Growing up my reading diet was diverse and lengthy. Out of the pack: Midlred D. Taylor groomed me, Terry McMillan inspired me, and Umm Zakiyyah pulled me up and opened the door for me.  But my first love is definitely Urban/Street Lit. Sista Souljah, Omar Tyree, Wahida Clark, Nikki Turner and Sapphire were writing champs in the late  90's. I was reading like three or four of their books week with wonder. I resonated with their style, but I struggled with how to merge urban Muslim life and the world-wide Muslim ummah that I was committed to targeting my work to. Urban Islamic Fiction is what I came up with - it's toned down for my demographic, but still has a little room for some edge and so far it's worked well for me. That said, when I read Sunnah by Malik Salaam, I was teleported back to my high school days. I read it and I laughed, I panicked, I worried, I got angry and I had to clutch my pearls a few times, too! I was reading Muslim Street Lit by a Muslim! And I was inspired! Without further ado, here's  Malik Salaam: (SPOILER ALERT!)

UMMJ:    Sunnah is filled to the brim with many social ills, violence, illicit relationships - what made you want to title the book Sunnah? Was there any underlying issues that you intentionally wanted your readers to get from the title?

MS:The short answer… Sunnah means the way. And I feel like as humans we are all searching for our way. Being raised Muslim, I was always taught to follow the Sunnah of Prophet Muhammad (PBUH). Christians ask themselves, “What would Jesus do?” Cola Rum- an amazing spoken word artist in Atlanta- always says, “Malik, we all down here treading water, and when we see somebody treading water with more ease than us… we naturally want to join them.”

I think the search is what joins us as humans. And I think that overall, that is what I wanted everybody to walk away with. We all are rifling through life in hopes of finding our way. And that is not a surface thing… following just a way of dress or a diet doesn’t cut it. The way starts at intentions but ends with action.

UmmJ:  Mustafa (Stafa) was such an interesting, complexed, and wounded character. The opening scene with his parents really set the tone for his actions through out the story. I liked him at times and then at other times I was severely disappointed in him. Who is Mustafa to you?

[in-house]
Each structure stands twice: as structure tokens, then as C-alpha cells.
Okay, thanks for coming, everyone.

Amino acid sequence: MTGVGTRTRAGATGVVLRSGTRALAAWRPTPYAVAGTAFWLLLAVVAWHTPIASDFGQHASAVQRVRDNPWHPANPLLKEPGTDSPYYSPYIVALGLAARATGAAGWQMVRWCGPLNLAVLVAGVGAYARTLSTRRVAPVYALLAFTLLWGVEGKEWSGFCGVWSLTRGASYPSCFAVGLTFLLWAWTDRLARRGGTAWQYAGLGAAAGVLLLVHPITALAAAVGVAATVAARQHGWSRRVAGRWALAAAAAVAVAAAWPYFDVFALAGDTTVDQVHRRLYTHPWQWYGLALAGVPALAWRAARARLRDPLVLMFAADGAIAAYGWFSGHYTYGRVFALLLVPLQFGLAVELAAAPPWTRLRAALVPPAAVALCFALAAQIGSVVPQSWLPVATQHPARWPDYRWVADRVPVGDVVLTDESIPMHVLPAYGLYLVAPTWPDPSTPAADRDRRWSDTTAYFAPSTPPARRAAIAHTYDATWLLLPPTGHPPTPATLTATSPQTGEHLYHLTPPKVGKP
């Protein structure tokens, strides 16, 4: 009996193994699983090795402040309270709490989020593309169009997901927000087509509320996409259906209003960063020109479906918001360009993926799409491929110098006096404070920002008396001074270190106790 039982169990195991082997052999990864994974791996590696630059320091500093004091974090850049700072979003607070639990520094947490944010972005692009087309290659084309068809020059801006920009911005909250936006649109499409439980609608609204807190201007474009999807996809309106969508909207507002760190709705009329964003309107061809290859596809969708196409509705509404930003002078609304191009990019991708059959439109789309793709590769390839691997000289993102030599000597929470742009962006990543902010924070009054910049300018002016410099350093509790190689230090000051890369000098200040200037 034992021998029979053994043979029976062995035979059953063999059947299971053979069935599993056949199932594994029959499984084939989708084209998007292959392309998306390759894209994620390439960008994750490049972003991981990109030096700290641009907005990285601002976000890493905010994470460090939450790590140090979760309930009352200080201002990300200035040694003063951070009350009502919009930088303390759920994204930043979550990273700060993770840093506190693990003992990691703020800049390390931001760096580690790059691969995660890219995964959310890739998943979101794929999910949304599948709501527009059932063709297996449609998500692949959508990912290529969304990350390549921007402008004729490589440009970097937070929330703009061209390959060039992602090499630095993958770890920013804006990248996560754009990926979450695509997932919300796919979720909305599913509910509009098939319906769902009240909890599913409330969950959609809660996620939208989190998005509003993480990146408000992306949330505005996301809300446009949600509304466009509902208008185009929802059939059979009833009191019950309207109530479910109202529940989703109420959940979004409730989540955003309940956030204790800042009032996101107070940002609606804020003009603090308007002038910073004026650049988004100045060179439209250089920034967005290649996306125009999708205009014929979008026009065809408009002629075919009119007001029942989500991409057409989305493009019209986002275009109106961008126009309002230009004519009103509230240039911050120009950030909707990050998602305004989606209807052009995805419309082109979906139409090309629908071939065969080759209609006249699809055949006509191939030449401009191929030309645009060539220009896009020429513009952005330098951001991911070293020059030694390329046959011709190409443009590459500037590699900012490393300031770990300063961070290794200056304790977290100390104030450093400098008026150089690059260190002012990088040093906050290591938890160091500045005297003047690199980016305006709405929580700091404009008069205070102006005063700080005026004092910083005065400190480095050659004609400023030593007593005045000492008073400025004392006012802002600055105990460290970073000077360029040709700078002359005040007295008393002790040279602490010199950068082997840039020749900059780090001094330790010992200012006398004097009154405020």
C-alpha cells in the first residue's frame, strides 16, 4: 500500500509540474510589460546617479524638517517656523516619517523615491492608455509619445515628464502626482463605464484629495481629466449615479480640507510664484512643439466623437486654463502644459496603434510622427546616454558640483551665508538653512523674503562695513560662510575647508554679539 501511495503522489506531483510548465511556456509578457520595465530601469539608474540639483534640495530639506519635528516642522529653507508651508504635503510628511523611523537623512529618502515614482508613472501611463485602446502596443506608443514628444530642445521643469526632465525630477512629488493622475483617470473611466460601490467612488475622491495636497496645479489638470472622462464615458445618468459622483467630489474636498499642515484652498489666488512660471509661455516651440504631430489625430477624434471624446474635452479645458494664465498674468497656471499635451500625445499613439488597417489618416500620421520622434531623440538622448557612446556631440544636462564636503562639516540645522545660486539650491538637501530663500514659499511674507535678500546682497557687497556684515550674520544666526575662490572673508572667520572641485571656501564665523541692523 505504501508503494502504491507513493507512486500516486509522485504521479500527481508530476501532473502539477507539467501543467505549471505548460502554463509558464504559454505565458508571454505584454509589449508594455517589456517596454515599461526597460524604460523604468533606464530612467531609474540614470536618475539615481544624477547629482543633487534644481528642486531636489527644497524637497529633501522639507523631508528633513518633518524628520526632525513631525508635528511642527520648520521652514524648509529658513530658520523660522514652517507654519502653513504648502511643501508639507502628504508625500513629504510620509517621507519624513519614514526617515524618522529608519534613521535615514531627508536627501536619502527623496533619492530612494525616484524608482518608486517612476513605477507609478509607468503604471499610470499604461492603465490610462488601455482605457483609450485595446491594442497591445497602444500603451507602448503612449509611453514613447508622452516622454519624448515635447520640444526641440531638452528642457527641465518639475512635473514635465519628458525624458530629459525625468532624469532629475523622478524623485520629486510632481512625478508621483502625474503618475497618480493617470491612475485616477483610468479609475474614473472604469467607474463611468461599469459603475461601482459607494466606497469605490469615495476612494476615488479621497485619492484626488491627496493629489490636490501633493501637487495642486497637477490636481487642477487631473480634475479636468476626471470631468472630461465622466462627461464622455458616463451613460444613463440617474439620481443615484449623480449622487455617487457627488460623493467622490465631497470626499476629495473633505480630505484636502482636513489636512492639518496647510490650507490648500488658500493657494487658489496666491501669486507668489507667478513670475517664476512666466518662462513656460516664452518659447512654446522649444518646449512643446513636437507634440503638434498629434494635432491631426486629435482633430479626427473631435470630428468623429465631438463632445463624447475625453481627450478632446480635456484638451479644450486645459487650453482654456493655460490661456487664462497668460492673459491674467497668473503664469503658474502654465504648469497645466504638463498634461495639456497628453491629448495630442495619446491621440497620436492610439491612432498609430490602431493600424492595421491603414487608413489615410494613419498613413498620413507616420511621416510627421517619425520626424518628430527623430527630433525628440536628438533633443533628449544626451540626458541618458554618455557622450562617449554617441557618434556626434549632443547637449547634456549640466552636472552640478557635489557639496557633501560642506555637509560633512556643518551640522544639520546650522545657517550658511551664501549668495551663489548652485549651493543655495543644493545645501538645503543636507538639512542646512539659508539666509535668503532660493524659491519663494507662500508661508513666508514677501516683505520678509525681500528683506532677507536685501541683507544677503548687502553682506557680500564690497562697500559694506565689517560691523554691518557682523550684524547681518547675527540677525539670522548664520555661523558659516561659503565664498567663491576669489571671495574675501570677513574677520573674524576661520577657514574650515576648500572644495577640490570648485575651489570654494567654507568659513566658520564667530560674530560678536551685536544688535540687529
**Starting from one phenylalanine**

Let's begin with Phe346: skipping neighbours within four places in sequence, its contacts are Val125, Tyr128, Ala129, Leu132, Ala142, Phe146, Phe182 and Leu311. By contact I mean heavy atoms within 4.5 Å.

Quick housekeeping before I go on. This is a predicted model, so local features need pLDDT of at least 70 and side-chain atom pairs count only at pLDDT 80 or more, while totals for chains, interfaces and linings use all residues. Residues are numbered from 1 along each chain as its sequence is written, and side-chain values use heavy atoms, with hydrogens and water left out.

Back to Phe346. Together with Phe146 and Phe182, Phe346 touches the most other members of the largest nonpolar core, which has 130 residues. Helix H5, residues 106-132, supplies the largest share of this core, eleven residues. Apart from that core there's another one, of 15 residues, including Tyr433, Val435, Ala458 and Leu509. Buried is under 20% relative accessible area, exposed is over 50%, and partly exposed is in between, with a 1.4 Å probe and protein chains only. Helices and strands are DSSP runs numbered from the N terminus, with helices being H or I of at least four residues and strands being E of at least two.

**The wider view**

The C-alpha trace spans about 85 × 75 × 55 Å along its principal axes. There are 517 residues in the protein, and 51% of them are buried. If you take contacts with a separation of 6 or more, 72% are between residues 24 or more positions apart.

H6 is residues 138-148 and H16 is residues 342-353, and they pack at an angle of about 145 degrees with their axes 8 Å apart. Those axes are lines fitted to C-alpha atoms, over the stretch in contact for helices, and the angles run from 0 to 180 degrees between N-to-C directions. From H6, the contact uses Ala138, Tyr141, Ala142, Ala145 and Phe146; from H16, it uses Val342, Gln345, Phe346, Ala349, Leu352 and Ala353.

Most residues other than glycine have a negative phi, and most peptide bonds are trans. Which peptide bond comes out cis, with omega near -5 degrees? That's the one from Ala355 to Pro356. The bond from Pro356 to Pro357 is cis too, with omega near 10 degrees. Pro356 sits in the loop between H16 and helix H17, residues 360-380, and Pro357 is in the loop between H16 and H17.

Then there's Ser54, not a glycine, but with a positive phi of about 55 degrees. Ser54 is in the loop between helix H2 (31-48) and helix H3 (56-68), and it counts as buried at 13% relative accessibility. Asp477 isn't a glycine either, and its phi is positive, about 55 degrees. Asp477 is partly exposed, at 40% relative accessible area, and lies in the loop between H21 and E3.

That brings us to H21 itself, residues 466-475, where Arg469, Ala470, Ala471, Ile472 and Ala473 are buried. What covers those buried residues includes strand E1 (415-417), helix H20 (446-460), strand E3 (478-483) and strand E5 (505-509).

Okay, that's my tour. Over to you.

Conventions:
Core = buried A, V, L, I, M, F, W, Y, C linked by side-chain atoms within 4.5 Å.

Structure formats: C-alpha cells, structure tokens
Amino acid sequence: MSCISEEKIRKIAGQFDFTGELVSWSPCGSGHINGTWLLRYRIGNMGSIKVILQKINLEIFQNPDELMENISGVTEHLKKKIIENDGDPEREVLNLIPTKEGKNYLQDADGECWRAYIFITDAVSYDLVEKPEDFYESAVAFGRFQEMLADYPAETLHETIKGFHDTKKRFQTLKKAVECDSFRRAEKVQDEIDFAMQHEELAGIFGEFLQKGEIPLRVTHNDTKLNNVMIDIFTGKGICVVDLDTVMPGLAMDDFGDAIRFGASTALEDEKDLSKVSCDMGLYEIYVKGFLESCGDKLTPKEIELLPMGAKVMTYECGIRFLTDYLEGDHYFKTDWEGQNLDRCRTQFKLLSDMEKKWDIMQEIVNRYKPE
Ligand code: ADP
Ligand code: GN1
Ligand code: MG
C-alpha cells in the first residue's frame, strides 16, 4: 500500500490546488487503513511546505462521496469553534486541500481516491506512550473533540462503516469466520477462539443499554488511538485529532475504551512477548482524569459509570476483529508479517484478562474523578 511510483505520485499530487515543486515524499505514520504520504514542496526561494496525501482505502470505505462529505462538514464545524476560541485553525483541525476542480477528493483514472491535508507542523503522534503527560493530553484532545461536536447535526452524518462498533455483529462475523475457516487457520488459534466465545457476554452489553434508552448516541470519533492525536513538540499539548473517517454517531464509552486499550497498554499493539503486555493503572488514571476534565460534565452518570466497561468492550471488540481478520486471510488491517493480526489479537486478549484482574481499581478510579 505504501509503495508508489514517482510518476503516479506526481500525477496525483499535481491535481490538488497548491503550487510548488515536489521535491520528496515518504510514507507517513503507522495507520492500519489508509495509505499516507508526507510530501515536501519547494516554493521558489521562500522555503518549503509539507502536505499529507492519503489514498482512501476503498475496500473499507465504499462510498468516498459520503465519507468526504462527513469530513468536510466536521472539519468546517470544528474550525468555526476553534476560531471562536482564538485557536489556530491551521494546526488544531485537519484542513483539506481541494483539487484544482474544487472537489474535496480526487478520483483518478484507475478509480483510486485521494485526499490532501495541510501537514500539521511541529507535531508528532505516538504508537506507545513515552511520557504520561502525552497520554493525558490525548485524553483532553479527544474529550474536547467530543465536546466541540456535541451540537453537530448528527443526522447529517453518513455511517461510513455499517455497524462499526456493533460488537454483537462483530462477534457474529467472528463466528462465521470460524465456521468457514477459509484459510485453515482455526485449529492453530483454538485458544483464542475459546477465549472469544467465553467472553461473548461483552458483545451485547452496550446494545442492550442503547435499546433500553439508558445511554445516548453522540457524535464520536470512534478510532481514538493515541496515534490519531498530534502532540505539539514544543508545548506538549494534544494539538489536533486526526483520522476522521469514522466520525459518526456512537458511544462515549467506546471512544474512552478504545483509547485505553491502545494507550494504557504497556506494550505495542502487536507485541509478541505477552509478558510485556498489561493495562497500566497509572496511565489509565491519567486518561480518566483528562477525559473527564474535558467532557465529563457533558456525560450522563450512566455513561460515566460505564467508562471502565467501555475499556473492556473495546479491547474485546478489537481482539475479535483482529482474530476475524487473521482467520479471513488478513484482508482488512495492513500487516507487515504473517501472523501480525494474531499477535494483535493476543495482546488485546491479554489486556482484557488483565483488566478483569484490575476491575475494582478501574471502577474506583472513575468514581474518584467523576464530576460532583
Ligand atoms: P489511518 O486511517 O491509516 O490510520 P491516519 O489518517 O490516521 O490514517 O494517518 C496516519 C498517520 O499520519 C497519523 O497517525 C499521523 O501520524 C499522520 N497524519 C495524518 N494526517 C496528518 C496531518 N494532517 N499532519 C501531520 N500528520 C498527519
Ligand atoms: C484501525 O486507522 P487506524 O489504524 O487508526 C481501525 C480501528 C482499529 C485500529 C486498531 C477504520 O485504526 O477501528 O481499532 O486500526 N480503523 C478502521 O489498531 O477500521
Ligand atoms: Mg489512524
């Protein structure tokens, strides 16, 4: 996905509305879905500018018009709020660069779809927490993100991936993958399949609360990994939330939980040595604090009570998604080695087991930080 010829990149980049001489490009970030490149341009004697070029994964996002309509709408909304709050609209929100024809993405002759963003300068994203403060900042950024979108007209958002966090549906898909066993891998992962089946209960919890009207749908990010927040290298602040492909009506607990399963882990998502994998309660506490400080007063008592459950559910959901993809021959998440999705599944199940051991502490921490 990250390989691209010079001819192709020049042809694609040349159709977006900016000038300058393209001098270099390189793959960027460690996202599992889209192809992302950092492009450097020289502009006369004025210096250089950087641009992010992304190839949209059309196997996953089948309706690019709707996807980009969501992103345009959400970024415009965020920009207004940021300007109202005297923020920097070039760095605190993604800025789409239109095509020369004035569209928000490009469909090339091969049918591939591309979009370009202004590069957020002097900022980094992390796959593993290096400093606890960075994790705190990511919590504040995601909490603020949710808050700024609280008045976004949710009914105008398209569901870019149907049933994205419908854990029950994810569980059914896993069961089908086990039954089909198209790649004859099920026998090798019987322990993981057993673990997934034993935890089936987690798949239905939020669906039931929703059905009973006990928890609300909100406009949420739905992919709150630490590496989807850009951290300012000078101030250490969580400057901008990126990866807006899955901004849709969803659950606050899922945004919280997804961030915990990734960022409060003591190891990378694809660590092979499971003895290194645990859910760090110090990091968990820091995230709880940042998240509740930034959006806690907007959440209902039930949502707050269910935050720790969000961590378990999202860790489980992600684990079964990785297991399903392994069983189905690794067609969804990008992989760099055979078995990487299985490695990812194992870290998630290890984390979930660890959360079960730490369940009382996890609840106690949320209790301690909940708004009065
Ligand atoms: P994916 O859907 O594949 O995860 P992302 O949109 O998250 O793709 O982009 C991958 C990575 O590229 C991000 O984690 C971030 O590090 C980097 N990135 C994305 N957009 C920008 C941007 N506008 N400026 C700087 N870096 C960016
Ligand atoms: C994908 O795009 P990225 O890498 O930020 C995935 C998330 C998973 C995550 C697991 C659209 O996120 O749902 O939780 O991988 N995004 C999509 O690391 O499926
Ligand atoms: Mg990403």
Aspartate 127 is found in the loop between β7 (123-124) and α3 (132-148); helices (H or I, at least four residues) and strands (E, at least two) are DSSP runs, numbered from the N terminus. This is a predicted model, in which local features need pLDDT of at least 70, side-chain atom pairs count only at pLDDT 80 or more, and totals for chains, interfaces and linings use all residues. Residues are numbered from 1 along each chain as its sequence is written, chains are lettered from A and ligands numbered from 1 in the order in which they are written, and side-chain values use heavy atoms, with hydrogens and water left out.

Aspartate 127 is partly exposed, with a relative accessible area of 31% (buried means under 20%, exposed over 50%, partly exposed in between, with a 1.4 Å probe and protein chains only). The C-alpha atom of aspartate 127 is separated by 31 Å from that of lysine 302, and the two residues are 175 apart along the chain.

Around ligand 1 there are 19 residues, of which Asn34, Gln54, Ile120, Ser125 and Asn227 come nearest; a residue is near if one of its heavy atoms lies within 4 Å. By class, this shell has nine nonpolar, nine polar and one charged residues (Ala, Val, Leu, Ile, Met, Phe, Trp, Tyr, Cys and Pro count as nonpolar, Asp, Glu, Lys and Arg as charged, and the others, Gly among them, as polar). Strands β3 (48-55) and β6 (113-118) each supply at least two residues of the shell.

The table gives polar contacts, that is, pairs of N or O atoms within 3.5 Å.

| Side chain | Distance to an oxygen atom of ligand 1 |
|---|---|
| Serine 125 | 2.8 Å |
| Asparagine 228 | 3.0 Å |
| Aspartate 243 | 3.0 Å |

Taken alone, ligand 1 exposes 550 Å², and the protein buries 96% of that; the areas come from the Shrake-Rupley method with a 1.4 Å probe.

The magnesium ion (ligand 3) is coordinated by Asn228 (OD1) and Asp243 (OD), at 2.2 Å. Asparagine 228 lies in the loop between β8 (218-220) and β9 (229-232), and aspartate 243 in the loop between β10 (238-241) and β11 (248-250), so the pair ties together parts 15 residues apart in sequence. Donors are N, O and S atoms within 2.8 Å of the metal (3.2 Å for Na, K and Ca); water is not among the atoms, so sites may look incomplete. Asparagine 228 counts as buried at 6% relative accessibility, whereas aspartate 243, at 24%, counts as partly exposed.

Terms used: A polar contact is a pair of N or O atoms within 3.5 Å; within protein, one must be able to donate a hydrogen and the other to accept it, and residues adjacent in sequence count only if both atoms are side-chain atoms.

MS: Mustafa is familiar to me. He deals with the struggle of first being a black man in America. And then he must deal with the battle of being a Muslim man in America. Both roles seem to be peppered with confusion. The fact that his father wasn’t present was the first nail in his coffin. And even though he had some role models, they also had their demons to battle.

If you came up in the late 80s/early 90s the celebration of the street culture was very much a part of our lives. And being born and raised Muslim didn’t save me from that. If anything, because Islam doesn’t associate any partners with God… and I don’t have to go through “a man” to get to My Creator. It gave me a certain edge. I don’t associate man with God… so it made me fearless of men.

UmmJ:   Ayanna was another interesting character. I loved her sense of self and high purpose. My heart felt content at the end of the story when she began to frequent the masjid. That said, I was taken aback by her agreeing to mut'ah (temporary marriage) so easily and fully bothered by Stafa checking out on her the night after. Why do you think Ayanna agreed to be intimate with Mustafa so easily given her strong character?

MS: Ayanna’s contradiction, like Mustafa’s, started in her childhood. Introducing her mother’s mental illness and Ayanna feeling measured by her near-perfectly packaged sister, gave Ayanna the same longing for real love as Mustafa.

I think people no matter how strong or spiritually grounded have weaknesses. They look for things to escape into. Sometimes its sex or drugs… or food…but maybe its self-righteousness. We are complicated. I feel like the fact that Mustafa took something that could be carnal or illicit and turned it into something spiritual, though, also intrigued her… which is how, unfortunately, some men with a stronger spiritual understanding will bait a woman. The Christians call it Jesus Pimpin’ but it happens in all beliefs. But the acceptance of something as right or wrong really just depends on the lens that we look at it through. Perspective.